The Inuvik-Tuktoyaktuk Highway was and is an enormous feat of engineering, research, construction, and collaboration among numerous stakeholders. It started off over a half century ago with Diefenbaker’s dream of a “Road to Resources,” and in November 2017, after years of research, planning and construction, the Inuvik-Tuktoyaktuk Highway came to fruition.
Congratulations to All
Congratulations to everyone who has played a part in the construction of the highway over the past four years, namely the project management team: Government of the Northwest Territories Department of Infrastructure and contractor EGT-Northwind Ltd, supported by their respective engineering teams.
The Government of Canada; equipment operators, safety officers, wildlife monitors, cooks, mechanics, medical crew, janitorial and camp crew; the Inuvialuit Regional Corporation; researchers and scientists; regulatory bodies; and so many others.
Each of you have directly contributed to a pivotal piece of Canadian infrastructure of monumental and historical significance. The Inuvik-Tuktoyaktuk Highway was the missing link that now connects Canada from coast to coast to coast.
The Road Less Travelled
While there is excitement and hope in the air, there is also fear and concern for what may come. The reality is that Tuk will never again be the same. Change is inevitable, but managed change can mean the world of a difference, especially for a community like Tuk.
Are you ready to drive up the the road less travelled and experience an arctic adventure of a lifetime? Whether it’s spring, summer, fall or winter, the Inuvik-Tuktoyaktuk Highway awaits you… (Feel free to leave a comment below).
Copyright © 2012-2017 Tawna Brown. For image licensing inquiries, please visit here.
Additional Information and Resources
- Inuvik-Tuktoyaktuk Highway Project main website, visit here.
- CBC article: “N.W.T. premier issues ‘red alert’ on ‘colonial’ attack on territory’s oil and gas future,” visit here.
- NWT Tourism (Western Arctic Region), visit here.
- Town of Inuvik, visit here.
- Great Northern Arts Festival: 10-day long summer arts festival in Inuvik, visit here.
- Muskrat Jamboree (Inuvik): Spring Festival (April), visit here.
- Beluga Jamboree (Tuktoyaktuk): Spring Festival (April) on the Arctic Coast. Local events and contests: races, log sawing, harpoon throwing, drum dancing, igloo building, and square dancing.
Can’t wait to drive this road. November 21 will be my first time. Great photo’s by the way! And I like the dig at the Trudeau government. The south has got to get there act together in regards to the rights of the peoples of the north…
Thank you David. Make sure you get a picture of you on the road! And drive safe. When you get closer to Tuk, you should try and look for the “Tuk forest” (as shown in the 2nd last “Four Seasons of the Canadian Arctic.” Driving northwards, it will be on your righthand side.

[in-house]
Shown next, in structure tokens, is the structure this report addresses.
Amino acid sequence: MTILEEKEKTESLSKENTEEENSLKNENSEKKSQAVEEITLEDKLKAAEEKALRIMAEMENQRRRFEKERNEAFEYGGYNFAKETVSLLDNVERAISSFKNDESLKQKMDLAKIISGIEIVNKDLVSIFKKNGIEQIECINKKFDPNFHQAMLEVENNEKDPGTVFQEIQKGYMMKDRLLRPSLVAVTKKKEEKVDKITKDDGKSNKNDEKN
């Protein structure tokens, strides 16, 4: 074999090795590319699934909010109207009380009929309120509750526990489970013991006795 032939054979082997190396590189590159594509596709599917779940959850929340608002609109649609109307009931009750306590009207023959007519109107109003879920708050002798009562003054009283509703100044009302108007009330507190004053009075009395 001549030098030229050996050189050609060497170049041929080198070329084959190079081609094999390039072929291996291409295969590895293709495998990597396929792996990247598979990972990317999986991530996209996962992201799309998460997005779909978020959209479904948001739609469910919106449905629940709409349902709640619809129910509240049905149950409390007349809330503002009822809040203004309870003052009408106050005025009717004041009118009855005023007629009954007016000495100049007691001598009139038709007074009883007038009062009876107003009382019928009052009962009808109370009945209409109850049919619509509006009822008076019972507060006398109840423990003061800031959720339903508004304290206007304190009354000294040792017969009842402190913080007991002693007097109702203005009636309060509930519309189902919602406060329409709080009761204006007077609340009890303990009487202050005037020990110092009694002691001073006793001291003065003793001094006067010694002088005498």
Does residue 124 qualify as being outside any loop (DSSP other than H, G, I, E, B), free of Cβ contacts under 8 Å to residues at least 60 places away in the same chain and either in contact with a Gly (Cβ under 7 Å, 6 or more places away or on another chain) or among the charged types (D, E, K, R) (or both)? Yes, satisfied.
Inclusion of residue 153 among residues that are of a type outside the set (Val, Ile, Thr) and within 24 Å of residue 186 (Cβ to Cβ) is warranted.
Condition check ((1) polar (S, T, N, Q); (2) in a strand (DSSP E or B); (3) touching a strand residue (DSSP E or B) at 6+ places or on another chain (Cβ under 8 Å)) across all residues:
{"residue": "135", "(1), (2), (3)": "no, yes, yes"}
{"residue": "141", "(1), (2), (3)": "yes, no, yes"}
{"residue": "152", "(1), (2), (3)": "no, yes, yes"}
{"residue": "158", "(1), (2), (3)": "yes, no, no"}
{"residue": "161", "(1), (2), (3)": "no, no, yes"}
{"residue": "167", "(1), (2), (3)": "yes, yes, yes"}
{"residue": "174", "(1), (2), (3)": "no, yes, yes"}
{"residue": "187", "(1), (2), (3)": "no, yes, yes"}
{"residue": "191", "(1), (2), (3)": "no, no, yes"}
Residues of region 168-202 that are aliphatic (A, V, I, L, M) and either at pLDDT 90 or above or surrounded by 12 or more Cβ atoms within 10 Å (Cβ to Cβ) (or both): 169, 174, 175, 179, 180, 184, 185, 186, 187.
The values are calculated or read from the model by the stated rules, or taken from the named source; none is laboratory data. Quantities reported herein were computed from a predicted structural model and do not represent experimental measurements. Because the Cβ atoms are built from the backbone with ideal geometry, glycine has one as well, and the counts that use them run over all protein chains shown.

Great article! I missed the Tuk forest when I was there. Maybe I can go back one day.
Now you know someone who’s driven Yellowknife to Tuk… ME!
The most amazing road trip of my life so far. Over 8000 miles in 2 and a half months.
Orlando-Denver-Dakotas-Yellowknife-Tuktoyuktuk-Fairbanks-Anchorage and back.
An amazing journey. A life altering experience, A spiritual awakening
Thank you for stopping by to read my story!!! What an incredible journey you went on!! I think this would be great content for a book, or at least a feature length magazine article!!! I hope you took lots of pics. Congratulations! A trip of a lifetime for sure!!
Great artical and photos! How long is the road from Yellowknife to Tuk? Probably won’t drive it in the winter 🙂 Tourisum will help the area, but it isn’t going to bring in the money they will need to grow. Too bad Trudeau’s Gov. doesn’t see the potential for all of Canada.
Thanks Chris! Our road network up north is NOTHING like the south. So to go from Yellowknife to Tuk, it would be about 3400km (half of which will be on gravel highways). This would involve driving from Yellowknife, Northwest Territories to northern British Columbia, then up through the Yukon Territory, and then onto the Dempster Highway that connects through to Inuvik, Northwest Territories and then on the Inuvik-Tuktoyaktuk Highway! Or a $1400-$2000 flight from Yellowknife to Inuvik and a 1.5-2 hour drive to Tuk! I don’t know anyone who has ever drove from YK to Inuvik, but I’m sure someone has done it. Adventure road tripping, that’s for sure! (ps. here is a handy tool: http://canada.distancesonline.com/Yellowknife/inuvik)
Such a wonderful and informative read! So many emotions as I read through this. Your photos show vibrance and truly intices your readers to pick up and go! What an experience that would be to drive that highway. Truly loved your photo of the four seasons. Your eye and heart are both able to catch the true beauty of what the North has to offer. Thanks for sharing. 🥇❤️
I’m so glad to know that it was an enjoyable (and even emotional!) read. It was quite a challenge to figure out the “angle”, given that it has so many aspects to it, so I tried to touch upon several angles in one story, which is tricky. Thanks for noticing the Four Seasons! The is my newest “exciting piece” that I have not shared elsewhere yet. As you know, Tuk is above the tree line, so there aren’t many trees at all… but there is this little clump outside of the community along the ITH, Tuk’s little “forest”….and I am so grateful to have been there during the four seasons so I could create this piece. It is going to be my newest canvas print!
What an informative and inviting document! I would so enjoy a”stroll” down that lane
Thank you Eydie! That would be quite the stroll, that’s for sure!
What an informative and succinct article Tawna. The photos really gives the reader the visual of what you are explaining and perfectly follow the two in unison. Having been raised in my formative years in Tuk I totally agree about Tuk residents given the freedom, finally to venture from a year round perspective. Thanks for such a great article, Tawna. I look forward to more articles from you in the future.
Bill, thank you so much for your kind words and I am so happy that you feel this way. I know there are all kinds of feelings about this highway, particularly for the people of Tuk, and I am glad to know that you feel this is a positive development, “paving” the road for a better tomorrow. I bet you are excited to go back home and make that road trip for the very first time in your life!